Long Distance Calling – Boundless album review
German post-rockers return to instrumental roots.
When Münster’s Long Distance Calling abandoned their instrumental post-rock roots in favour of adding vocals, the results were stellar (as were the guests, Peter Dolving, Jonas Renske and John Bush). 2013’s The Flood Inside – featuring Vincent Cavanagh – won critical praise without alienating fans, while the boldness of the move opened up a new audience. On Boundless, LDC have rolled the dice and decided to go instrumental once more.
Luckily for them, it seems that they’ve not forgotten the core of what made them a great instrumental group in the first place. Right off the bat, on Out There we’re treated to muscular riffs and soaring melodies, with a chaotic slide- guitar motif that’s as good as anything they’ve yet written. The band have said of this release that it represents them embracing their metal roots more than ever, and there’s certainly a lot of evidence of a darker, heavier approach.
On In The Clouds there are menacing metallic riffs that recall In Absentia-era Porcupine Tree or Someone Here Is Missing-era Pineapple Thief, while the climax of Weightless shows a different side: slow, powerful and percussive. Possibly most interesting are the Muse-like kinetic riffs in The Far Side, which segue into a middle-eight that’s nearly straight-up prog metal. The closer Skydivers is a post-metal track through-and-through, with nods to greats like Russian Circles while still being identifiably Long Distance Calling.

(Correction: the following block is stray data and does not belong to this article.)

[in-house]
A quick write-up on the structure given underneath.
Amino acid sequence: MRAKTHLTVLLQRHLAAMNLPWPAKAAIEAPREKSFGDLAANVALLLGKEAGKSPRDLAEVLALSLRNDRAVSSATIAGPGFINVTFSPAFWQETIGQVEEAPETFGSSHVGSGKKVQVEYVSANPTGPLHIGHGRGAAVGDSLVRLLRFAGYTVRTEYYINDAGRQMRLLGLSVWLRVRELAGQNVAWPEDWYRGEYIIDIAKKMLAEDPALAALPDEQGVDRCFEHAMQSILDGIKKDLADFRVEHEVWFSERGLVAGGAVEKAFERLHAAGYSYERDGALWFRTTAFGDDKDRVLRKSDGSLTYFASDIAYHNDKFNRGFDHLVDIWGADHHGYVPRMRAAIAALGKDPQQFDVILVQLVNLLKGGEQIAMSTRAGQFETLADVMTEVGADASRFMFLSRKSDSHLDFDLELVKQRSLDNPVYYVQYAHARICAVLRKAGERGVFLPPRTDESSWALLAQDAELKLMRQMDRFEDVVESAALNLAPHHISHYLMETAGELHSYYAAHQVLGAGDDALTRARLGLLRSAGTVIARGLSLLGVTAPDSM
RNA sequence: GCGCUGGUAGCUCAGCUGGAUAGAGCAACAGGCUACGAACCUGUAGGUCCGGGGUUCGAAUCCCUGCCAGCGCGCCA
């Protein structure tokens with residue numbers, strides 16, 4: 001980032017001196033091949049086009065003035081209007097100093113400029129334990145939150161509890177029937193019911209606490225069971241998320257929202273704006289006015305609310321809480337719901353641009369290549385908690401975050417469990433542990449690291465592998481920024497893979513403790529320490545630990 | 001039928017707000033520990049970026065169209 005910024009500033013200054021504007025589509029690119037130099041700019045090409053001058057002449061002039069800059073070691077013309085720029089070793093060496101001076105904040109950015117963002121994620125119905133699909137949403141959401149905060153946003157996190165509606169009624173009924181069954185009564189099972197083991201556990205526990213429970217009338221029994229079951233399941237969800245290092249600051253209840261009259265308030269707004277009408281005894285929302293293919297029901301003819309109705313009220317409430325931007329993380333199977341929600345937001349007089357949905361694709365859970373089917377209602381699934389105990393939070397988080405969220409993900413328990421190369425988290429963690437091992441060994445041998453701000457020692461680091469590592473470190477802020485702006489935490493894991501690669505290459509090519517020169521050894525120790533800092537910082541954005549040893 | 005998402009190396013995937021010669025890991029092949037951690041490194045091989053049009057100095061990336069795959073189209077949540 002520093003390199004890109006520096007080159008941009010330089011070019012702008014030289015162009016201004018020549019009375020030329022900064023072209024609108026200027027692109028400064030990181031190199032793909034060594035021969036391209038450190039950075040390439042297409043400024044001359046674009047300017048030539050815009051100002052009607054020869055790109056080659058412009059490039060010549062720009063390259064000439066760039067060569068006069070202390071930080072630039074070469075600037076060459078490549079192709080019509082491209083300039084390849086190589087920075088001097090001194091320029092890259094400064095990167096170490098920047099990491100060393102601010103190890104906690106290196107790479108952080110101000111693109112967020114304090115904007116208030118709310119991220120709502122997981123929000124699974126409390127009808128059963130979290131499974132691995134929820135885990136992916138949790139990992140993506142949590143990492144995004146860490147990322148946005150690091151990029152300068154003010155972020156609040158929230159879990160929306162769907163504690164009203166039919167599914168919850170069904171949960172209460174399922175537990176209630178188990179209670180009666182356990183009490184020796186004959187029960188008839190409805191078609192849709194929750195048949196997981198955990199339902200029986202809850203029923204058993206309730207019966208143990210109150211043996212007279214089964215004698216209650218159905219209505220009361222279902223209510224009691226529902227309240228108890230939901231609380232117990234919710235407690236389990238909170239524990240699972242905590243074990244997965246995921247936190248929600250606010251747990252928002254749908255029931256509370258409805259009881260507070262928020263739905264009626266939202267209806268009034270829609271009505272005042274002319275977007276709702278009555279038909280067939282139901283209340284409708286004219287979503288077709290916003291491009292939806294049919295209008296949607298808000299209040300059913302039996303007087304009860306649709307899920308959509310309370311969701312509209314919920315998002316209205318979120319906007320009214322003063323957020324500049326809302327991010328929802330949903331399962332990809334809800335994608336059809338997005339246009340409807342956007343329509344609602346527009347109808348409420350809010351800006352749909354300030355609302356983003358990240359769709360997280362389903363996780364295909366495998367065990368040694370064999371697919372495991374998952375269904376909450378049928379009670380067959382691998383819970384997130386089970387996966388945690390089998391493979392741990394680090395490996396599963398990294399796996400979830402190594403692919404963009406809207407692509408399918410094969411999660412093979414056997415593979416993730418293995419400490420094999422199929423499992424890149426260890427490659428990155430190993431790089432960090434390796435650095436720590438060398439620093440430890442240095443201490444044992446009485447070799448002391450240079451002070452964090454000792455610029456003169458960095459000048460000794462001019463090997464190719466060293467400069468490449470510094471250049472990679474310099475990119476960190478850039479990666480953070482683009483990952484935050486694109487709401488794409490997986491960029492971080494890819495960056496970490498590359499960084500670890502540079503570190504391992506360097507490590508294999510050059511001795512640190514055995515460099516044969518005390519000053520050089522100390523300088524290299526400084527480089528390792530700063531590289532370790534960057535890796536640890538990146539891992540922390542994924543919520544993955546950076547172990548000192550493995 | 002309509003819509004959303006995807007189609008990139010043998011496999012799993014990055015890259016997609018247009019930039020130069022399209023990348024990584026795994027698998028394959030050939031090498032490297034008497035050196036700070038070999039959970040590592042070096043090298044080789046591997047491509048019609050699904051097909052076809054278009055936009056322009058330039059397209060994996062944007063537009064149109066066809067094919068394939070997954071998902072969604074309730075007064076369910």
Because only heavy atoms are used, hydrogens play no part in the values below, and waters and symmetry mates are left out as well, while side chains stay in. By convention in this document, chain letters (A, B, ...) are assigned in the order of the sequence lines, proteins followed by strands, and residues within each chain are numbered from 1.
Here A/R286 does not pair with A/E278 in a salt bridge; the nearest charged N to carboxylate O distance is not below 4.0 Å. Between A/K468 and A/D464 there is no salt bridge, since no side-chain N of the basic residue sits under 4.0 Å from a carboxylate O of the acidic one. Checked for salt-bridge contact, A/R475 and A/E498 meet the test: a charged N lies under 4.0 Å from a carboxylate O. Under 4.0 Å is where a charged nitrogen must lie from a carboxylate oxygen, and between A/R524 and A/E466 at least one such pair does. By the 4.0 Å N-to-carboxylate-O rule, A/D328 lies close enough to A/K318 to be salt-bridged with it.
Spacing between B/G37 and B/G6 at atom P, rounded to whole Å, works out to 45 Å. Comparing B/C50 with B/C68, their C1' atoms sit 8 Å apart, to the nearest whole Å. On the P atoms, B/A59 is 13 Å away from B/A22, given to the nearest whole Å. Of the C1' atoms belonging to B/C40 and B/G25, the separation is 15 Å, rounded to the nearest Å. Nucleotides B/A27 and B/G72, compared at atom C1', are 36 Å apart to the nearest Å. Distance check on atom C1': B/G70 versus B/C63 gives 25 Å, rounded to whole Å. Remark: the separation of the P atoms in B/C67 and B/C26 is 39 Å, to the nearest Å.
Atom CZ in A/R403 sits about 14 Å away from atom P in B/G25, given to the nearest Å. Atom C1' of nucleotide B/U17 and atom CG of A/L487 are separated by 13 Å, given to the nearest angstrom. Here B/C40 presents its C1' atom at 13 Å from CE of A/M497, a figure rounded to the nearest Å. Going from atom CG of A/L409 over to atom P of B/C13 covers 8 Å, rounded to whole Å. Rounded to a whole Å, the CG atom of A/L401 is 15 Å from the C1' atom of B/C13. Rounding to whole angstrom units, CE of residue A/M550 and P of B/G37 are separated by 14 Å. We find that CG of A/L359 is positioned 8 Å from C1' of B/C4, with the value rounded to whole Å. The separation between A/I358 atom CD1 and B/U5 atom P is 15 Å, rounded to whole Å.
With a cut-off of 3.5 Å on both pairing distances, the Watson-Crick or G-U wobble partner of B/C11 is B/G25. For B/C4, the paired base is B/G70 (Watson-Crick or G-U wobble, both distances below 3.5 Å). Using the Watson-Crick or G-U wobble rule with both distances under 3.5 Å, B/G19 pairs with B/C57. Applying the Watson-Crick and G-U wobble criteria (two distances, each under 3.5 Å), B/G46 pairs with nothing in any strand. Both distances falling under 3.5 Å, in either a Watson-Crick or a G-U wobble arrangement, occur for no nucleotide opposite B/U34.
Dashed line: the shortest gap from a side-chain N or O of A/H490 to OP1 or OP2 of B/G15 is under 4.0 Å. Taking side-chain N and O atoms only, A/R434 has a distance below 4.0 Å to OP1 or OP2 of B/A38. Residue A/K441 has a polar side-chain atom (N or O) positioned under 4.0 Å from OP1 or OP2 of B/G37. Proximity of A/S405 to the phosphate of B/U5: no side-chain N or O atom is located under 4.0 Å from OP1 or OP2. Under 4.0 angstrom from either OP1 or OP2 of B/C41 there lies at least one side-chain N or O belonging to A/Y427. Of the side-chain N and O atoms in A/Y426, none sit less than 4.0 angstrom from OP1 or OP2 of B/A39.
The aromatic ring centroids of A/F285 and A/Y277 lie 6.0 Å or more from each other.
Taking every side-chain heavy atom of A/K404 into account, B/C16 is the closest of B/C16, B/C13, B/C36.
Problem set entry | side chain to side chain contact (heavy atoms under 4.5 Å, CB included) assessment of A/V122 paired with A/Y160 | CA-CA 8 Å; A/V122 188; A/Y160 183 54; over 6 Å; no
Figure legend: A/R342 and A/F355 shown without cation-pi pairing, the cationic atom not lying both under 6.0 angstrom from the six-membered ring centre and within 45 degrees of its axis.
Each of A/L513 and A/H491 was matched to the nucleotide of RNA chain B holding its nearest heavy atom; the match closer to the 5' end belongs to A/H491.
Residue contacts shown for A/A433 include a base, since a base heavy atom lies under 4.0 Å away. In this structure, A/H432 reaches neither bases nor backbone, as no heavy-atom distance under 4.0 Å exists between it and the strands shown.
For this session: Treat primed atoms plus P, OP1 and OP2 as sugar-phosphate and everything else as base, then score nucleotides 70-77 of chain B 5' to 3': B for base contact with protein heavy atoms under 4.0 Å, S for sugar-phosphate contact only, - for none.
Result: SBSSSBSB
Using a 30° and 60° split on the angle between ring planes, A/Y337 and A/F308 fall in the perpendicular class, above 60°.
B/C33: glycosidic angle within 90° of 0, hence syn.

Even the tracks that adhere to a more familiar post-rock template are unexpectedly powerful and fresh, perhaps as a result of the entry of newer ideas. Chief among these is On The Verge, which builds layer after layer of guitar and piano motifs before finally letting loose at the midpoint of the track with a bombastic climax and then dying away. From there, it picks back up with a set of angular, call-and-response metal riffs and a cyclical piano figure that guide the track to a groove-driven breakdown section and then, just when a final crescendo seems in sight, an abrupt end. It’s the most dramatic example, but by no means the only time that expectations are radically subverted on Boundless. Nevertheless, the highlight of the album is probably Weightless, which parses as a simplified Oceansize, with a bit more Pink Floyd in the mix. There’s not a bad riff in there, and the track sways with the arrogance of a band that know they’ve penned something killer.
Radically reinventing yourself as a band is usually a once- in-a-career trick, but somehow Long Distance Calling have managed to pull it off for a second time. Hopefully their fanbase will come with them on this latest chapter.